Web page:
Gregorio Santos, regional president of Cajamarca in northern Peru, was ordered to turn himself in for "preventative" imprisonment by a local anti-corruption prosecutor on June 17. The prosecutor, Walter Delgado, said Santos is under investigation by Peru's Public Ministry for "illicit association" and bribery, although no details were provided. (La Republica, June 17) The left-wing Santos has been an outspoken opponent of the US-backed Conga mining project in Cajamarca. With Santos' support, the Conga site has for months been occupied by peasant protesters who oppose the mine project. A major mobilization was held at the site on June 5, to commemorate World Environment Day. (Celedín Libre, June 7)
A court in Trujillo, Peru, issued a ruling July 23 absolving former National Police colonel Elidio Espinoza and nine troops who served under him in the deaths of four suspected "delinquents" in the coastal city in 2007. Espinoza, who was accused of operating a "death squad" within the National Police, had been sentenced to life in prison by the Public Ministry, the branch of Judicial Power with authority over government officials, for the crimes of kidnapping, homicide, and abuse of authority. After the ruling was issued, Espinoza led his supporters in a public celebration in Trujillo's Plaza de Armas. (Peru21, RPP, July 23)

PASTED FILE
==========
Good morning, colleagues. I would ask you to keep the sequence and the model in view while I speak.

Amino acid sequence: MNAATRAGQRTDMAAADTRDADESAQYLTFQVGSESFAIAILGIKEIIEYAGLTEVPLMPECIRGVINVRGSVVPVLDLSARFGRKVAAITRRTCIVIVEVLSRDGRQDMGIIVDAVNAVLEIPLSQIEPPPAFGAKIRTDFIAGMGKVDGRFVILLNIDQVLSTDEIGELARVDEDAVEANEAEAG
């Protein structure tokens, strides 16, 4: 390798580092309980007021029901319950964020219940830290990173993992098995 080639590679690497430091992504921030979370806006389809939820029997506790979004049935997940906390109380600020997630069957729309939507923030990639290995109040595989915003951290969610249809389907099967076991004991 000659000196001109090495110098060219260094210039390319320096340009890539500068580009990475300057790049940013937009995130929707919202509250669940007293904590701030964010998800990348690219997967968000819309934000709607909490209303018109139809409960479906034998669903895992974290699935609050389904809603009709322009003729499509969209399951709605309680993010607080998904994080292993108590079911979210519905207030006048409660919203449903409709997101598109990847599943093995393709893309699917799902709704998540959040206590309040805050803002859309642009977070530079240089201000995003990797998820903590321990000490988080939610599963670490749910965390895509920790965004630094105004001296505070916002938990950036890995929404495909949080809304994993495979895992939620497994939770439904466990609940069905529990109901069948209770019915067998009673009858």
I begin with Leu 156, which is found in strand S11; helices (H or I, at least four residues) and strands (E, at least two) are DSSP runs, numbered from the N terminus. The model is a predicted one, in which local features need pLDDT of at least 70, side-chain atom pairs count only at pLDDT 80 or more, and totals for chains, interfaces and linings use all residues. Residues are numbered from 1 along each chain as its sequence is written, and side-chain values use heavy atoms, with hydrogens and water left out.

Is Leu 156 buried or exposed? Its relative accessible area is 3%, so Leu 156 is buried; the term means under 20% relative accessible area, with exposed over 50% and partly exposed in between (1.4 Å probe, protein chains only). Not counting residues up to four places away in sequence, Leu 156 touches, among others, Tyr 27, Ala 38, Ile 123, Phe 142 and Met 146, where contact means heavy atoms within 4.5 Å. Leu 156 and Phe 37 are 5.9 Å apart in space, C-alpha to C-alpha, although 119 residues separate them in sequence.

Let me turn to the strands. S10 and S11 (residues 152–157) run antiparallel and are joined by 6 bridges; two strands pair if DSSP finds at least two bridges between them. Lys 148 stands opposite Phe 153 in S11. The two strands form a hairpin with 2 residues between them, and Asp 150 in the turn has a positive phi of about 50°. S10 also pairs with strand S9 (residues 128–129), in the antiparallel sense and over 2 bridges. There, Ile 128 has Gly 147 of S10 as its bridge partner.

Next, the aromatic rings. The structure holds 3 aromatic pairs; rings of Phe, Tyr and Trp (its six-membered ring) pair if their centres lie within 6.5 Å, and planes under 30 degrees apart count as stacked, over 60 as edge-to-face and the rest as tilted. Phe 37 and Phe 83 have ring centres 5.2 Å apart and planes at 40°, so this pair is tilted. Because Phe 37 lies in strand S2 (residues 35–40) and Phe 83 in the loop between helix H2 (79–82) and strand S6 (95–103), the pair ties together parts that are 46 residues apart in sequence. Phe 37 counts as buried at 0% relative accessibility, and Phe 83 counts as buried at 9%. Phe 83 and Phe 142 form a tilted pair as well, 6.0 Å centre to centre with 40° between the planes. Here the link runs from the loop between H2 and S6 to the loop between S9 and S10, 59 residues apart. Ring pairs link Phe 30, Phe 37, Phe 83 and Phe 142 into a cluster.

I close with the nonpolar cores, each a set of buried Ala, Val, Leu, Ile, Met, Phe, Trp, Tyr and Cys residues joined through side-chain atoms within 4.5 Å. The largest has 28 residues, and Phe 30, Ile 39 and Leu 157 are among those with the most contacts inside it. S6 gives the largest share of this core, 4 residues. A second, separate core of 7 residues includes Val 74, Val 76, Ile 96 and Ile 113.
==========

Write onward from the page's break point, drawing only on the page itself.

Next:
The tranquil fishing town of Huarmey on Peru's coast, in Áncash region north of Lima, burst into the headlines this week with the discovery by an archaeological team of a burial chamber in a ruined temple, which yielded 60 sets of human remains, including three queens of the ancient Wari culture, interred along with a trove of gold, silver and brilliantly-painted ceramics. The site, known to locals as El Castillo de Huarmey, has been dubbed the "Temple of the Dead" by the research team, led by Milosz Giersz of Poland's University of Warsaw and Krzysztof Makowski of the Pontifical Catholic University of Peru. The Wari (Huari) empire ruled the central Andes between 700 and 1000 CE, centuries before the rise of the Incas. (RPP, El Comercio, BBC News, June 28; Peru21, USA Today, June 27) But a close reading of the coverage in Peru's press reveals that the excavations were conducted in secret to keep the site from being looted by huaqueros—the Peruvian word for tomb-raiders who engage in an illegal traffic in pre-Columbian relics. Huaqueros had even dug pozos, or shafts into the structure; the archaeologists were apparently in a race with the tomb-raiders to find the riches-filled chamber. (El Comercio, June 28)